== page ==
• Developing a “road map” for the incoming compliance officer to follow
  • Assisting in identifying and evaluating candidates for the permanent position
  • Assessing resources needed to effectively operate the compliance program
  • Identifying or building metrics that evidence compliance program effectiveness
  • Developing comprehensive briefings for management and board on the state of the program

 

Richard P. Kusserow served as DHHS Inspector General for 11 years. He currently is CEO of Strategic Management Services, LLC (SM), a firm that has assisted more than 3,000 organizations and entities with compliance related matters. The SM sister company, CRC, provides a wide range of compliance tools including sanction-screening.

Connect with Richard Kusserow on Google+ or LinkedIn.

Subscribe to the Kusserow on Compliance Newsletter

Copyright © 2017 Strategic Management Services, LLC. Published with permission.

Kusserow on Compliance: GAO expects increase in fraud investigations in 2018

In report entitled “Medicare CMS Fraud Prevention System Uses Claims Analysis to Address Fraud”, the Government Accountability Office (GAO) noted that 65 percent of providers were subject to prepayment review with 654 new Fraud Prevention System (FPS) new investigations in Fiscal Year (FY) 2016. CMS is responsible for conducting program integrity activities intended to reduce fraud, waste, and abuse and they are relying upon the FPS and other CMS information technology (IT) system to meet this responsibility.  More than one out of five fraud investigations have been based on leads generated by Medicare claims data analysis.  Also, FPS edits last year resulted in the denial of 324,000 claims and saved more than $20.4 million. FPS analyzes Medicare claims to identify health care providers with suspect billing patterns for further investigation and to prevent improper payments. The analysis is done using a set of models that develop leads for investigators and execute automated payment edits. Leads are created by looking at billing patterns, such as a disproportionate number of services in a single day from a single provider.  The CMS FPS helped stopping billions of dollars in improper payments. Now 20 percent of the Zone Program Integrity Contractors (ZPIC) fraud investigations began with a FPS lead and this is expected to increase as CMS with the continued roll out of the FPS and changes program integrity contractor requirements for using FPS with the transition from ZPICs to Unified Program Integrity Contractors (UPICs)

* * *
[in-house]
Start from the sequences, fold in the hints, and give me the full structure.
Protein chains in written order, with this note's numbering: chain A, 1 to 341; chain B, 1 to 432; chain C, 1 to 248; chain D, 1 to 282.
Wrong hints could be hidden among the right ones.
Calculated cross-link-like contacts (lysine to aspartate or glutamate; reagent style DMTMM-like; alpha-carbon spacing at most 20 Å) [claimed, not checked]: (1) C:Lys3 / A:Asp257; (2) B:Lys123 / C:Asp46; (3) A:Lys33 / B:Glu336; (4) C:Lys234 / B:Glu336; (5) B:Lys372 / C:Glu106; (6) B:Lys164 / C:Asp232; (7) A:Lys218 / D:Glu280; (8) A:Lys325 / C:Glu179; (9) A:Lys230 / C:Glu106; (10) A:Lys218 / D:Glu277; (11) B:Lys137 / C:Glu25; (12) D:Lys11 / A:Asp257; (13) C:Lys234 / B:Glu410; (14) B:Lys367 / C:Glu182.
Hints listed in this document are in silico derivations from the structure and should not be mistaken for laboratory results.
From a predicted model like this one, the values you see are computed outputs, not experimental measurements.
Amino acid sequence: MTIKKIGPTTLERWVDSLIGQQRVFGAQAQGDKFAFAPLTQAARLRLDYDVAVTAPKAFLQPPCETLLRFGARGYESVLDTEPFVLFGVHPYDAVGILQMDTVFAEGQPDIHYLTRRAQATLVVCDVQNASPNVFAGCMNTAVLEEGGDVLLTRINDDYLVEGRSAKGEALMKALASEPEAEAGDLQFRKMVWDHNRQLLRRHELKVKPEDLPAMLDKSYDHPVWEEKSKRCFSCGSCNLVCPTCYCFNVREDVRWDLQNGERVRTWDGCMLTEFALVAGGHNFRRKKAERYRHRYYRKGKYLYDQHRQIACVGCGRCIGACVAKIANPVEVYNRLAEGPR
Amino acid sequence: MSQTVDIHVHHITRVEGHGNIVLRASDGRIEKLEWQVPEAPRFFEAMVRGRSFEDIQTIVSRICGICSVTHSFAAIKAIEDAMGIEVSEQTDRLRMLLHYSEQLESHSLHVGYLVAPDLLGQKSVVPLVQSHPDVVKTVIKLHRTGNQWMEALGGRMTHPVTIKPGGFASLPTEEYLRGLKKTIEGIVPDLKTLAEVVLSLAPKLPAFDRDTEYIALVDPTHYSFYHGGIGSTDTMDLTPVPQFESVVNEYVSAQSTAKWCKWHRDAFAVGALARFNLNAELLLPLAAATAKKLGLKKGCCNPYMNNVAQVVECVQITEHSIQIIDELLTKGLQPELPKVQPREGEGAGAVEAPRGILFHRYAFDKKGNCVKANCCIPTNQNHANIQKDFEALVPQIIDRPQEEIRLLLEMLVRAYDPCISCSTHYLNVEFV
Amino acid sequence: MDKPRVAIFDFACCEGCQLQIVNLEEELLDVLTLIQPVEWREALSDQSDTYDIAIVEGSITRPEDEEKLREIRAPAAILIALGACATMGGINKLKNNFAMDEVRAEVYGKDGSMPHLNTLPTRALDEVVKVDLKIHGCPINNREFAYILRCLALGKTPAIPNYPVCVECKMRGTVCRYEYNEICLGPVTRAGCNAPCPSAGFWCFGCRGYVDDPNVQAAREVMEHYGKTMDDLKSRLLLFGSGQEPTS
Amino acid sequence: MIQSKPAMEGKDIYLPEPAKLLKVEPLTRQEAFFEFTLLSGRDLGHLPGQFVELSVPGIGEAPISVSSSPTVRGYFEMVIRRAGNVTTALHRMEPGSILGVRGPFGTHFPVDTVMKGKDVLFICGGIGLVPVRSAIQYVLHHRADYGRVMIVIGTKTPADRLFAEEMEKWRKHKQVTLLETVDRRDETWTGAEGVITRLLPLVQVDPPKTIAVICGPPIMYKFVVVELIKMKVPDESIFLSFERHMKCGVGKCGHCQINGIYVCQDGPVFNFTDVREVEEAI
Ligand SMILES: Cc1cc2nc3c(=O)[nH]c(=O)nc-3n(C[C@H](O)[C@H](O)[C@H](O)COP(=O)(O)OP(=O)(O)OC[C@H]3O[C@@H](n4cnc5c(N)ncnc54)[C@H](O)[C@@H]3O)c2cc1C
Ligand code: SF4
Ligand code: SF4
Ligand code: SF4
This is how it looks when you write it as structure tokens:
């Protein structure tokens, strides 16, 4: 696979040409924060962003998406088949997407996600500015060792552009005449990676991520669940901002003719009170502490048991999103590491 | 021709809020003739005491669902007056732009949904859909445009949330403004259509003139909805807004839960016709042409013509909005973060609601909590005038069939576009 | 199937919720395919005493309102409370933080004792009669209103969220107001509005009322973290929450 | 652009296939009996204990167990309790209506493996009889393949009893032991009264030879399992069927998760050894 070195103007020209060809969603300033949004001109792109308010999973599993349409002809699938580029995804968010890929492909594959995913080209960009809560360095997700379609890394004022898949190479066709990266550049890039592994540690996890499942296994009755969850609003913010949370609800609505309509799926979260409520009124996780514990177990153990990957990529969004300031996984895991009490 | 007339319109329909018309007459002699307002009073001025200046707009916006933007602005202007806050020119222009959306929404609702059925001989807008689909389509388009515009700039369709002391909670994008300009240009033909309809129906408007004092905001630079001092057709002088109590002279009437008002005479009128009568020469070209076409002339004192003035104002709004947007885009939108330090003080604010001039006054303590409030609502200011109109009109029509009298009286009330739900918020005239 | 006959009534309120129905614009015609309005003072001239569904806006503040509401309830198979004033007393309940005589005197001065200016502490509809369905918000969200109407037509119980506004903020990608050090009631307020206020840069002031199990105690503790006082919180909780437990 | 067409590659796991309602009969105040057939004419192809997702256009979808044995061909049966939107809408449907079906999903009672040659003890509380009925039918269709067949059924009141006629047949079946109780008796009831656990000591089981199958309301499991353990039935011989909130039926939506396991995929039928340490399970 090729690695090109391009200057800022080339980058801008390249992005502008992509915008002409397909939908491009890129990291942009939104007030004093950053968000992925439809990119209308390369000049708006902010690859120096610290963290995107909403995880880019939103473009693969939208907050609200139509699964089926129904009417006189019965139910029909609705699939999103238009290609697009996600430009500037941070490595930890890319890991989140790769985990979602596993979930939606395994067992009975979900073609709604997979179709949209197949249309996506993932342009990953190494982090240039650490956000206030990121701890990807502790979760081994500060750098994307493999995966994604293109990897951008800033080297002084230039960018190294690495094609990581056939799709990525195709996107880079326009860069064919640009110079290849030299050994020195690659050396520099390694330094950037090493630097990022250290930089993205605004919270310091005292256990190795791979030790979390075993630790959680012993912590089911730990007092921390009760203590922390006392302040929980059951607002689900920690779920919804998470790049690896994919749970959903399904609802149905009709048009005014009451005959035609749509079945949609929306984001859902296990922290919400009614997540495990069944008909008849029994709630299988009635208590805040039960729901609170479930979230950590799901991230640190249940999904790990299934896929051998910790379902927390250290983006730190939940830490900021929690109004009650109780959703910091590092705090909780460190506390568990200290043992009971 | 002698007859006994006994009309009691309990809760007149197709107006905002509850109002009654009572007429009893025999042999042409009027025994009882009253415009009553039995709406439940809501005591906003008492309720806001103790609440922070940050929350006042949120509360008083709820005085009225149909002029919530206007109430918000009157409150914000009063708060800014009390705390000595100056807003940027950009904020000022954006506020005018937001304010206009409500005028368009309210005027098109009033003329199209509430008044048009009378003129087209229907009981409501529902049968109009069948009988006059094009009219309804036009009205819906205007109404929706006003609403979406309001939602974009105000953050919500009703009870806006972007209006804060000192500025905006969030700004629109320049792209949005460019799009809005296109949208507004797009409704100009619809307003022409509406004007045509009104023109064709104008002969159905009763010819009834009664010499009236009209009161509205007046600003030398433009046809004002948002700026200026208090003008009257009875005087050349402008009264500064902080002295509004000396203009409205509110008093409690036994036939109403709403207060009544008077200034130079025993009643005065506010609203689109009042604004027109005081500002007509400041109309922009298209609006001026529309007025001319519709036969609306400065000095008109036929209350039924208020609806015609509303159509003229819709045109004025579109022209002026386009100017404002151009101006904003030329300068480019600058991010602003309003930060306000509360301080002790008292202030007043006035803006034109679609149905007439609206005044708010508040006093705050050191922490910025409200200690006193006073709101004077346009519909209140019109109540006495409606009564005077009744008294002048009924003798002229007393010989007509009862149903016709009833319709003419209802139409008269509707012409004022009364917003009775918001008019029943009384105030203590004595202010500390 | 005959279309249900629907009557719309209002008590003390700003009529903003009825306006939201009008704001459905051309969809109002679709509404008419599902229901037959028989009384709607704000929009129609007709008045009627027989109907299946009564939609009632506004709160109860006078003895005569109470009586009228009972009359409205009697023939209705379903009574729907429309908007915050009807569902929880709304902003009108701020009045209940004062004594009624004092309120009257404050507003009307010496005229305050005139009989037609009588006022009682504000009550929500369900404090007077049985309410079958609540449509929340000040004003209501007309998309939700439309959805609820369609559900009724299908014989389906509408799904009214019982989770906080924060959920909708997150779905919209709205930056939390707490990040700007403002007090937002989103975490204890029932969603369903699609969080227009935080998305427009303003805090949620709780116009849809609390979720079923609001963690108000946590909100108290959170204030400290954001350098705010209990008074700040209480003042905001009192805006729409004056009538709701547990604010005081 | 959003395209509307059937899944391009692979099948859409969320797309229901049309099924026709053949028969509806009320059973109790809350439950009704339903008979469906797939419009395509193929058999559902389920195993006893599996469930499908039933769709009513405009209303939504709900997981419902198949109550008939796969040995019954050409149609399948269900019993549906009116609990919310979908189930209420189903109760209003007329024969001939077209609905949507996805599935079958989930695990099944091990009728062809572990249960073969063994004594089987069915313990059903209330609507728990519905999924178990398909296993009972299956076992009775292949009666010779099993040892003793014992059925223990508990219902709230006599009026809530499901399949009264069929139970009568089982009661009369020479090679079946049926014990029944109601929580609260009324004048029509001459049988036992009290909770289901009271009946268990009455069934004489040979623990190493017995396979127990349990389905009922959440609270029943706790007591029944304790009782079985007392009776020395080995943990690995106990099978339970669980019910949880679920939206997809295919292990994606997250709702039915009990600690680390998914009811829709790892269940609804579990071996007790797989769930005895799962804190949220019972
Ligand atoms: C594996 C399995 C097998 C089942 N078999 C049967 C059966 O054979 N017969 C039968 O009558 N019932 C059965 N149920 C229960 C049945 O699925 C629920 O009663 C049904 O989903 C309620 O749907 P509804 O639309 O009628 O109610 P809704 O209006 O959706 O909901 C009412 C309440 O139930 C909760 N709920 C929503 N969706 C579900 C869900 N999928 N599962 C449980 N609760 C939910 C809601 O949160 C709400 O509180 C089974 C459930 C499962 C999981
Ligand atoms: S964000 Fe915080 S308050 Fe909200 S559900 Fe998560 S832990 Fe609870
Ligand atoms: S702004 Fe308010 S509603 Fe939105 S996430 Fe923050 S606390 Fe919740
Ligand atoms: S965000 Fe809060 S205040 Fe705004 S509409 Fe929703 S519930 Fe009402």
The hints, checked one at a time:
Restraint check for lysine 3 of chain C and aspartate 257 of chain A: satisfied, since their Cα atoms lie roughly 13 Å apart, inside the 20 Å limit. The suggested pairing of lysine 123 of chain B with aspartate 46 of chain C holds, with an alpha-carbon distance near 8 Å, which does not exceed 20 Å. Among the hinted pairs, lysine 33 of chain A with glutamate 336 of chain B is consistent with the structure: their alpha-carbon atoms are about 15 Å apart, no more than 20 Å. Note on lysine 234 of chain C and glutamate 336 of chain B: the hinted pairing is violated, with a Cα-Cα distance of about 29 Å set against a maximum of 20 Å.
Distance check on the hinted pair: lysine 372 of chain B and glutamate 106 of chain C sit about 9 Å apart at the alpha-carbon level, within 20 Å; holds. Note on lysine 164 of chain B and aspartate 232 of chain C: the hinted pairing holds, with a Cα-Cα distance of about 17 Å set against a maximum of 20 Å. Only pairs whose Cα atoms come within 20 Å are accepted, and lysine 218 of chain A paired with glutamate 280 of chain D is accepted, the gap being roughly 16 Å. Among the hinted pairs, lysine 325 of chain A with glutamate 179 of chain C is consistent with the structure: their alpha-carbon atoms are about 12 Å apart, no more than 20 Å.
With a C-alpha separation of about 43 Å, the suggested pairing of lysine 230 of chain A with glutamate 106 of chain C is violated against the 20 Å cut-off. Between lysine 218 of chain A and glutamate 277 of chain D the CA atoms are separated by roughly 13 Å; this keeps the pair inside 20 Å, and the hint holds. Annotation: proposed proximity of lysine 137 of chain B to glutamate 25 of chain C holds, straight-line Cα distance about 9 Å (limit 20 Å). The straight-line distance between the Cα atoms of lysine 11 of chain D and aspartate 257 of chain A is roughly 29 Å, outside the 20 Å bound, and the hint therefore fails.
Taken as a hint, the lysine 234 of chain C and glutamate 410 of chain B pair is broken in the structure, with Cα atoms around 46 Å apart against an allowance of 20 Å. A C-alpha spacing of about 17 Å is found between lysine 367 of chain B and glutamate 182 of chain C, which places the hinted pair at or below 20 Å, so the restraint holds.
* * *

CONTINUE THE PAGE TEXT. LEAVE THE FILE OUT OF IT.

Richard P. Kusserow served as DHHS Inspector General for 11 years. He currently is CEO of Strategic Management Services, LLC (SM), a firm that has assisted more than 3,000 organizations and entities with compliance related matters. The SM sister company, CRC, provides a wide range of compliance tools including sanction-screening.

Connect with Richard Kusserow on Google+ or LinkedIn.

Subscribe to the Kusserow on Compliance Newsletter

Copyright © 2017 Strategic Management Services, LLC. Published with permission.